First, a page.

Monday 16 July 2018

Passenger safety is priority, vows Dempsey


TRANSPORT Minister Noel Dempsey yesterday said passenger safety was the priority in deciding when airlines will be allowed to fly again.

EU governments have been criticised for their slow reaction to the airspace shutdown caused by the clouds of ash from the volcano in Iceland.

Mr Dempsey participated in a conference call with his EU colleagues yesterday to discuss the continuing crisis.

He said they had approved a plan to introduce three zones in airspace:

  • The first, a no-fly zone around the volcano.
  • The second, an area affected by ash where planes could be allowed to fly.
  • The third, any area with no restrictions where planes can fly freely.

"It should have the effect of easing restrictions in air traffic over the next few days and certainly towards the weekend," Mr Dempsey said.

"It's all based on passenger safety. They won't be allowed up if there's any danger. Before they allow planes into any zones, they will be sure it will be safe," he added.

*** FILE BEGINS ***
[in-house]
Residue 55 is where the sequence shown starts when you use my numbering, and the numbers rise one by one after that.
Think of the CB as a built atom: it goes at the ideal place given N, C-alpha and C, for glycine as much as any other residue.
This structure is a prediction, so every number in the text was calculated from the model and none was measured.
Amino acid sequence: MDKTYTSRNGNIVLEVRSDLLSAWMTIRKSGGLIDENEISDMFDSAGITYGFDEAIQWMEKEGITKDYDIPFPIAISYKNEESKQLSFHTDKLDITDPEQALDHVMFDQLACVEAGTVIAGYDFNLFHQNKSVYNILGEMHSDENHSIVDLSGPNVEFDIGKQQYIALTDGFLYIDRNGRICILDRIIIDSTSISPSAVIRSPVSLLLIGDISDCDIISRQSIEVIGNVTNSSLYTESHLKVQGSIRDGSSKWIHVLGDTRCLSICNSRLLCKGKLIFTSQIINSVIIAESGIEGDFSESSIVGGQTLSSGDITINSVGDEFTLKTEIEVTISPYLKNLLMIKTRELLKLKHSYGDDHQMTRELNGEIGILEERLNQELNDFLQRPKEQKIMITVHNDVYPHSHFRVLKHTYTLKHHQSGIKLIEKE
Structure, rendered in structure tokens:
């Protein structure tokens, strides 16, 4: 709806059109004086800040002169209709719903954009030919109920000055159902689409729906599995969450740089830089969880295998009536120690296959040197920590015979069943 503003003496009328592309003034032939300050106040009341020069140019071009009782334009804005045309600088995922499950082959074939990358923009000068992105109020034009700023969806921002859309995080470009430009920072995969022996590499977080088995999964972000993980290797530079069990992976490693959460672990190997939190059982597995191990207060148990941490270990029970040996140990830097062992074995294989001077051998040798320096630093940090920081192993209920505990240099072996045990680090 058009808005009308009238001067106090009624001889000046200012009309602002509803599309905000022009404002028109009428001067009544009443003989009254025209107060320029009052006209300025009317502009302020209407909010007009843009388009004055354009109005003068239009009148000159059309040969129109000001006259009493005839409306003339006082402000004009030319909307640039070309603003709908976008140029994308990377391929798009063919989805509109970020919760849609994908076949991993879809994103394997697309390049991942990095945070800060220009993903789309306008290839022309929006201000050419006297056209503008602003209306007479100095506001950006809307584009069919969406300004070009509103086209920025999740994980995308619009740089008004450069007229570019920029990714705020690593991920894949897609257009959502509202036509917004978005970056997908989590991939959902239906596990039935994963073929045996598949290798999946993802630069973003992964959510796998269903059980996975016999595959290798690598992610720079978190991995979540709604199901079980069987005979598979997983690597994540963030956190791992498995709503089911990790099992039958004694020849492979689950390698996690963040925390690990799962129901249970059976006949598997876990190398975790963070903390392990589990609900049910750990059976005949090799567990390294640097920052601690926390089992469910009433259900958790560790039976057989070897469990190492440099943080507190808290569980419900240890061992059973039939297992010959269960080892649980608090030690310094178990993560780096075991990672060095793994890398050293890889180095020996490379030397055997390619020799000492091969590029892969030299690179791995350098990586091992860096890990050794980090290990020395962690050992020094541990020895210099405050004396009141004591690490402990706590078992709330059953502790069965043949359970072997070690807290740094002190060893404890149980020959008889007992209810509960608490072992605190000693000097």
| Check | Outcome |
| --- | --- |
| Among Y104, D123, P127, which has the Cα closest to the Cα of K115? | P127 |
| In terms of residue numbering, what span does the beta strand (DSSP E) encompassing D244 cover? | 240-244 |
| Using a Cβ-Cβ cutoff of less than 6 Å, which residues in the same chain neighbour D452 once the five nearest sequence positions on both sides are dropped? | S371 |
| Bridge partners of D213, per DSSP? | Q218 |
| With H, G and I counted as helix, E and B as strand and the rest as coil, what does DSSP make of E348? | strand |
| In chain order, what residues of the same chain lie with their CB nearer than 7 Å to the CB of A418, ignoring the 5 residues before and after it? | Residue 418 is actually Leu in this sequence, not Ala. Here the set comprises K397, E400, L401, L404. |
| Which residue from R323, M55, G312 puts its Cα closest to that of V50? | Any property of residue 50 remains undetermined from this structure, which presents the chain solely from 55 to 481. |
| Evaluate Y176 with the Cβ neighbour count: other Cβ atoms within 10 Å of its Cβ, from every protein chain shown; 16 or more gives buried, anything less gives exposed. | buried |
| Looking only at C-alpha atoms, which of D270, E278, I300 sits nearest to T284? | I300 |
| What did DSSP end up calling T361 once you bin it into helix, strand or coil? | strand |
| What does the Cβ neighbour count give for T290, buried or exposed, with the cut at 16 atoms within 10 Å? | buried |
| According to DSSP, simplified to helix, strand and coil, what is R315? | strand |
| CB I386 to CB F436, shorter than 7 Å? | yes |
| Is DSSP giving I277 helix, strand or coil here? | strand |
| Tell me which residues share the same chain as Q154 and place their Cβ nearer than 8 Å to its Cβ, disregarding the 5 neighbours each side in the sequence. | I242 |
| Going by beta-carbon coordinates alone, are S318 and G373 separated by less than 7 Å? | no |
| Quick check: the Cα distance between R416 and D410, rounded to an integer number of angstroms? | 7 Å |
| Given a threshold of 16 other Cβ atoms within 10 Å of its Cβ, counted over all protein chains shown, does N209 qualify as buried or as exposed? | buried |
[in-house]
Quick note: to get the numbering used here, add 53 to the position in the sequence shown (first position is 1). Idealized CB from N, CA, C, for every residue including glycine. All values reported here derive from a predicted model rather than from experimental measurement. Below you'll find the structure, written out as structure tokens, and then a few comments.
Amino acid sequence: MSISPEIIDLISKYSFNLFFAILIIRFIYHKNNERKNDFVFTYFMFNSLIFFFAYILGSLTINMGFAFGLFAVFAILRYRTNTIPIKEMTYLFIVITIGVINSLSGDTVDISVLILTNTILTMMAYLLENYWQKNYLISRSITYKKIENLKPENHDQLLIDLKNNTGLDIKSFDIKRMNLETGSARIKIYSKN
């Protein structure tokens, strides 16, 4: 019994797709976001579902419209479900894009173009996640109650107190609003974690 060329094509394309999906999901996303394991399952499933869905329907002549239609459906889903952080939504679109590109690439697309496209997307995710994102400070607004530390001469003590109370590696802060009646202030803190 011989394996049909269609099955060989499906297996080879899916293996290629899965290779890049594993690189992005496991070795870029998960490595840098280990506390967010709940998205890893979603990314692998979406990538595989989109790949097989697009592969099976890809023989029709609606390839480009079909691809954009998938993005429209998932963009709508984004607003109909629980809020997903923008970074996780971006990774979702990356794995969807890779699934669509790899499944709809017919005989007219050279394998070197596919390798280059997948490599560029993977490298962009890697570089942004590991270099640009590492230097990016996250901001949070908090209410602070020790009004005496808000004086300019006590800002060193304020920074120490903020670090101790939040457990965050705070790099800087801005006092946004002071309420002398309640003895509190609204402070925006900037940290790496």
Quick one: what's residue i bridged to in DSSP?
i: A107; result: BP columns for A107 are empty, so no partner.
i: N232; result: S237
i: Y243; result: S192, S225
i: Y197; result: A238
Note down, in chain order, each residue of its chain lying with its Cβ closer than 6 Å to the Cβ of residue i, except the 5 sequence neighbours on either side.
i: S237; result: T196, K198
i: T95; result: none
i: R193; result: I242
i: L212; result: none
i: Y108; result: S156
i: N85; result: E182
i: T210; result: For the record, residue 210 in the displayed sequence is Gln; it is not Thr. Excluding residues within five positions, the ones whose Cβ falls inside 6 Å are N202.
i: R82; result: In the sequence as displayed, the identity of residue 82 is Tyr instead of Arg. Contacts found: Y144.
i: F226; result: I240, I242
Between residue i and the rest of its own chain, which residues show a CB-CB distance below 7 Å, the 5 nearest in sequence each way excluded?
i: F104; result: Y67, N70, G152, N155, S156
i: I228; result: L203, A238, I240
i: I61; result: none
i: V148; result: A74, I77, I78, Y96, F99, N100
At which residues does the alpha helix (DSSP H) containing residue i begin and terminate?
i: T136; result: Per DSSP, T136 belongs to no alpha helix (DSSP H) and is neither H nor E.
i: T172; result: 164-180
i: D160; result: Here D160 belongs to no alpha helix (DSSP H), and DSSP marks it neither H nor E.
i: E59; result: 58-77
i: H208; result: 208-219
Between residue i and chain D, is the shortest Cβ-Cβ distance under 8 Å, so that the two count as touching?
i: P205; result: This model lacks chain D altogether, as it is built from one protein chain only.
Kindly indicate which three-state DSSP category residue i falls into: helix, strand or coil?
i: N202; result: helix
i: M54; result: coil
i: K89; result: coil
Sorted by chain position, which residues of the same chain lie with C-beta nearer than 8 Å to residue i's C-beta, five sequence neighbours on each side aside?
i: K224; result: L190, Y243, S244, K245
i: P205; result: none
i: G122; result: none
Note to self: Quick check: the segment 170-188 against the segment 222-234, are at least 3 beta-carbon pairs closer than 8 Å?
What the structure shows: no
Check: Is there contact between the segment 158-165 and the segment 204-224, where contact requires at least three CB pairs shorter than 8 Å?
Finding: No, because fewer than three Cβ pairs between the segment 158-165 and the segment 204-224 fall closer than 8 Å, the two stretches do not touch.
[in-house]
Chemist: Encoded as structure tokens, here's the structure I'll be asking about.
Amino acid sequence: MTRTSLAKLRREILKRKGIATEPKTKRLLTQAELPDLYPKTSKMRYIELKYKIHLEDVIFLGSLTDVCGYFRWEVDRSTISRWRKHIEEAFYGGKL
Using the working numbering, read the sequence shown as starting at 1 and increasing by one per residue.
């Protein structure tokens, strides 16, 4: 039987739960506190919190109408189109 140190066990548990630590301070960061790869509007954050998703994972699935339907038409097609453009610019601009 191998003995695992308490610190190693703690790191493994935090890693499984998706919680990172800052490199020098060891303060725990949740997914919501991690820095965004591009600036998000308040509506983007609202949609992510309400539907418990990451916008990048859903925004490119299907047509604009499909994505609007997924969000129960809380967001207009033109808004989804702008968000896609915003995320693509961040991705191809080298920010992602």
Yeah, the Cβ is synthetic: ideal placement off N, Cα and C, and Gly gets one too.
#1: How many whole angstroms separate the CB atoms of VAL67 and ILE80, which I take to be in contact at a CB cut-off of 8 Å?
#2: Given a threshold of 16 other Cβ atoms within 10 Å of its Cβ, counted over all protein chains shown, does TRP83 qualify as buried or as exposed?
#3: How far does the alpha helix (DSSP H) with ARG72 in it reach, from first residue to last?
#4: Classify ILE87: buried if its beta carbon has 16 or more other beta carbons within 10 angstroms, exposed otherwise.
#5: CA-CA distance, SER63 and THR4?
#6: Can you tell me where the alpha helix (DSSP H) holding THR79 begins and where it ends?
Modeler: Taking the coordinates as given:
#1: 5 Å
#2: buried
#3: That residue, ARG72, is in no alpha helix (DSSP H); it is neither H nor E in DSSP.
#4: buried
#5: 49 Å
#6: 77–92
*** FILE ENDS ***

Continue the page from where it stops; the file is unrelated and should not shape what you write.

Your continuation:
Mr Dempsey said he was concerned that there could be a recurrence of the ash plumes drifting over Europe.

"That would be a concern, particularly if it was as disruptive as this," he said.

"It is a possibility something like this can recur," he added.

Meanwhile, Taoiseach Brian Cowen ruled out bringing in the Irish Navy to ship stranded passengers home.

"We don't have that capacity unfortunately. Our navy ships aren't equipped for that sort of passenger transport," he said.

Also yesterday, Mr Dempsey rejected claims that European ministers had reacted slowly to the crisis. He said they were focused on ensuring lives were not endangered.

"I would have to take responsibility if something happens and a number of planes crash," he said. It is necessary to be absolutely sure. I'm not going to gamble with lives, and my colleagues across Europe would not do that," he added. "If it's safe and it's deemed safe then arrangements will be put in place to ensure that people are moved as quickly as possible."

Irish Independent

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